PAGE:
- Page 1T-Mobile Ameo Windows Mobile Device
- Page 2 T-Mobile Ameo
- Page 3 T-Mobile Ameo
- Page 4 T-Mobile Ameo
- Review Price: £0.00
So, you’ve considered buying a connected PDA but thought they were a little small for your needs. You’ve even looked at those with keyboards and felt your fingers couldn’t cope with the tiny keys. Next you’ve considered an Ultra Mobile PCs like Samsung’s Q1 and thought that was just a bit on the large side considering it is not a fully fledged laptop computer.
Maybe the device for you is something in between the two. Maybe that device is T-Mobile’s Ameo. Or maybe not. After a fortnight of pretty serious usage time with the Ameo, I have to say I wouldn’t choose it as my everyday smartphone, or as a replacement for a notebook computer.
But I do think it shows off what the Windows Mobile format can be made to do if stretched, and that there is certainly room for more experimentation of the Ameo kind. And I think anyone who has bought Nokia’s N800 Internet Tablet might be kicking themselves after reading this review.
So what is this beast? Well, it is a connected Windows Mobile 5.0 device with a separate keyboard, and it is absolutely brimming with features. Everything but the keyboard resides in a box 133mm wide, 98mm tall and 16mm deep. If you don’t need the keyboard you can just carry this box around.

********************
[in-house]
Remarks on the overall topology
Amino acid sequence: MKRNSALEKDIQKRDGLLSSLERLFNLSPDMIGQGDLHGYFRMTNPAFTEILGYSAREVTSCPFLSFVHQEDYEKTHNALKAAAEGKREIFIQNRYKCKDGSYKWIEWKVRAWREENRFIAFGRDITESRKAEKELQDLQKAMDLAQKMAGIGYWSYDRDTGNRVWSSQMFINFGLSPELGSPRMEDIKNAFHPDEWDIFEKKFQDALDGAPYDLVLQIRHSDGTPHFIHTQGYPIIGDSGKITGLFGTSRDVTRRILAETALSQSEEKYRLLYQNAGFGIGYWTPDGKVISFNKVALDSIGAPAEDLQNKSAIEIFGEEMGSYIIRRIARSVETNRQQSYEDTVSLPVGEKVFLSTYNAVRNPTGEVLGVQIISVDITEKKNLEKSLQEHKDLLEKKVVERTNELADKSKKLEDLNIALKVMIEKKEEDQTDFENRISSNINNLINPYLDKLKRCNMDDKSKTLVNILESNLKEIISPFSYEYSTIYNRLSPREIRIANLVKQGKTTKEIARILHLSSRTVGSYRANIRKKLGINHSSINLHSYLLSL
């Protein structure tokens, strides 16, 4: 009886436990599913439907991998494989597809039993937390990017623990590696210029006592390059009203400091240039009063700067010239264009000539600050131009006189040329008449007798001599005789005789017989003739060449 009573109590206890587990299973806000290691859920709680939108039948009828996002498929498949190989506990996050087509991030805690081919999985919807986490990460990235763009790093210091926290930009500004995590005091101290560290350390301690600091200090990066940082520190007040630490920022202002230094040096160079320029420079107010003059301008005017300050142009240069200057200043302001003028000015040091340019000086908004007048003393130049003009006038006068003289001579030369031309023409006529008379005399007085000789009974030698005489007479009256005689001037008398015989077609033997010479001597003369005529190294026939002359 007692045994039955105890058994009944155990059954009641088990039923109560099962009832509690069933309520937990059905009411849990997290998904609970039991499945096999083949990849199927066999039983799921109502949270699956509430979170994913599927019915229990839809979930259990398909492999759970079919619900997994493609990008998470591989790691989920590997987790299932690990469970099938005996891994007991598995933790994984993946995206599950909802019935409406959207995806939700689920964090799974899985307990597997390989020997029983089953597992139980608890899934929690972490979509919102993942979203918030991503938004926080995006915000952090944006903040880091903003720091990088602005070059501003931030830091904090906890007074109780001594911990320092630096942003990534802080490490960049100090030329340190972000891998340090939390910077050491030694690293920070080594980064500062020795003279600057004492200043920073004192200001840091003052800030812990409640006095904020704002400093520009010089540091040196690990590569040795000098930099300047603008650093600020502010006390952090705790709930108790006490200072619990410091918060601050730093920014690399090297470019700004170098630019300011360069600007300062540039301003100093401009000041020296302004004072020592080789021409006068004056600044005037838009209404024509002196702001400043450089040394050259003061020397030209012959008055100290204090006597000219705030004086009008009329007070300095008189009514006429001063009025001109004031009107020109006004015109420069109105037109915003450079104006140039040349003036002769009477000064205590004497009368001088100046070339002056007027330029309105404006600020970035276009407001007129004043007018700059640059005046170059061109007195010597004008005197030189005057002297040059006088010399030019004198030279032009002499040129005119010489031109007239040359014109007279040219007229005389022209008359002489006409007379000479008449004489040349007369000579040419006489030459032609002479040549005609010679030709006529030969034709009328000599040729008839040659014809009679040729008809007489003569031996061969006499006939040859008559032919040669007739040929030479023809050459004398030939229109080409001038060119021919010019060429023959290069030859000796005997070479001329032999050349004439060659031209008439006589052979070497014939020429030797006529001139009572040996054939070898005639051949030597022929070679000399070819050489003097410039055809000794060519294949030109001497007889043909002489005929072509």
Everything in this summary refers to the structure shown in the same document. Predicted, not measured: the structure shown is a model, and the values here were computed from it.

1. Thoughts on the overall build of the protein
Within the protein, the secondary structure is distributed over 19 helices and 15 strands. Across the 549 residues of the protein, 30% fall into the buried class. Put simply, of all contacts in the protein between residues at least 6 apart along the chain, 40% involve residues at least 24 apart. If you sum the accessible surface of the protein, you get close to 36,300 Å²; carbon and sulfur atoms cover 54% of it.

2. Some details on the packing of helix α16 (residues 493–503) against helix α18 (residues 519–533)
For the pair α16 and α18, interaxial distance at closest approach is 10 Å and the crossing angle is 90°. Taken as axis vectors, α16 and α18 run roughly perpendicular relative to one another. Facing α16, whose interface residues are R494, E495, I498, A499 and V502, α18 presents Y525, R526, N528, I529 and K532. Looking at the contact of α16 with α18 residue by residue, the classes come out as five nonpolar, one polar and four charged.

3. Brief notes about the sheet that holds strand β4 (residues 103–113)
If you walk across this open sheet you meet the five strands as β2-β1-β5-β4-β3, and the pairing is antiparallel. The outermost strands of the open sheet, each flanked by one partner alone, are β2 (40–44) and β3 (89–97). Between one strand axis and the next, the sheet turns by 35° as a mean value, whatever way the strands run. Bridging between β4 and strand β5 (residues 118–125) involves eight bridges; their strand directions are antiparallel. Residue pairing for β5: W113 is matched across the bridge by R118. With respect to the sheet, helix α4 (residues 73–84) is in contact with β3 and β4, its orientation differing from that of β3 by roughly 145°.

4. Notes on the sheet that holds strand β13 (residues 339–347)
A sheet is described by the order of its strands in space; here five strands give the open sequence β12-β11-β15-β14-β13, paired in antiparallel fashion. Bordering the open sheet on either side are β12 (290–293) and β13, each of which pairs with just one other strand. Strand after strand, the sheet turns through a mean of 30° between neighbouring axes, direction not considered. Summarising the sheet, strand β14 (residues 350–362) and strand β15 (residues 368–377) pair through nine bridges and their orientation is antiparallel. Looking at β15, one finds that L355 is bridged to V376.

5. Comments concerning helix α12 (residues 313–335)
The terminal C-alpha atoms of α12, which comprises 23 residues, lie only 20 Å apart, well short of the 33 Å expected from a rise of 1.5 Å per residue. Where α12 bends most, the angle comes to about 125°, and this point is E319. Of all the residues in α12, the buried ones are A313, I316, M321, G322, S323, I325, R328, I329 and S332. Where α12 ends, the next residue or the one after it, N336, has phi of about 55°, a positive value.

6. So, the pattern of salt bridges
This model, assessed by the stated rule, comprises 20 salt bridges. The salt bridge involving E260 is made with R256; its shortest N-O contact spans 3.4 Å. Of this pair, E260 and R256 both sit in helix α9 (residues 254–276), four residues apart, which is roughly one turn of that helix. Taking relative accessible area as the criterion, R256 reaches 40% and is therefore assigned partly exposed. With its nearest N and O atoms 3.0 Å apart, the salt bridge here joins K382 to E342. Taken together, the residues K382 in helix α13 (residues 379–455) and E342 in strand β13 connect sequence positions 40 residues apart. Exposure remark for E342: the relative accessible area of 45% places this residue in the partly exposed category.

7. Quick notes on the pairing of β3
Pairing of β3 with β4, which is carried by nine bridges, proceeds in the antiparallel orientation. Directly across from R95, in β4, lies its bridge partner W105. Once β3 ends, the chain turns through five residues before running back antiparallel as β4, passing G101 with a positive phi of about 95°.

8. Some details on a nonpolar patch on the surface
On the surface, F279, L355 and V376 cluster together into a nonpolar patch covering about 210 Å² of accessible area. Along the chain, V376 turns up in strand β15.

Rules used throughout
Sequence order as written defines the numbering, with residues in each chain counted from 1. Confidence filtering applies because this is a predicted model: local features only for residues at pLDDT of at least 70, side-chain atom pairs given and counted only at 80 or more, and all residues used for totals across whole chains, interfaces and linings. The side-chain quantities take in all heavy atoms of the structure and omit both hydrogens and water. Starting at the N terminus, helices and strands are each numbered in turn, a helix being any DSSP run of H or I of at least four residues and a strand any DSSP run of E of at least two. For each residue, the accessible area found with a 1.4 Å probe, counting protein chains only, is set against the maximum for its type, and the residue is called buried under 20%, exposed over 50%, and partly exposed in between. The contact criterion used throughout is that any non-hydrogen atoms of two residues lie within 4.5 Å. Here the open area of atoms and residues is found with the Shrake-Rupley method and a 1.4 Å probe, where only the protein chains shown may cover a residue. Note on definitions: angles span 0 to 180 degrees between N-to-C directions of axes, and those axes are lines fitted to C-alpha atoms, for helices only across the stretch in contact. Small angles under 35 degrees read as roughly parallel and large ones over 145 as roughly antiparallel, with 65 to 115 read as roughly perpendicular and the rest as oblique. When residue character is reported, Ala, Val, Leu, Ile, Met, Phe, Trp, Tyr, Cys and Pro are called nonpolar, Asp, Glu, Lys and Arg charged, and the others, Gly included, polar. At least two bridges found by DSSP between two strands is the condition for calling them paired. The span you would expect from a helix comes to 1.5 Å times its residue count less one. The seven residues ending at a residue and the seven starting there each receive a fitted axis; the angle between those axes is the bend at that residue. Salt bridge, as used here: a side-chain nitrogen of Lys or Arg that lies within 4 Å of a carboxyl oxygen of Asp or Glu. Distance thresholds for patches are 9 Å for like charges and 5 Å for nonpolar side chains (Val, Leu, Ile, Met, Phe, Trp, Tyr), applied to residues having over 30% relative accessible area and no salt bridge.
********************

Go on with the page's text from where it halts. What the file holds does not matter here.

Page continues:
Its 298g of weight will feel like a brick in your pocket, and when you get it out to make a voice call you’ll look like a proper Charlie (sorry to anyone reading this called Charlie). But when you want to read the screen its 480 x 640 pixels spread across an area that measures 5in corner to corner will make you smile.
The stylus that lives in a housing on the top right back of the casing won’t be needed much, as finger-tapping at the touch sensitive display is as easy as pie because the Windows Mobile icons are much larger than usual. You’ll only need the stylus for data entry such as making calendar appointments or writing SMS messages.
The keyboard is an example of clever minds doing clever things with system design. It is a slab about the same height and width as the main unit, but just 4mm thick. I weighed it at 78g. Lay it flat on the table and you can see a connector at its top edge. Bring the main unit alongside and align its connector and seriously strong magnets join the two sections together. The main unit’s sides are angled so that the screen is a little laid back and you get a pretty good viewing angle.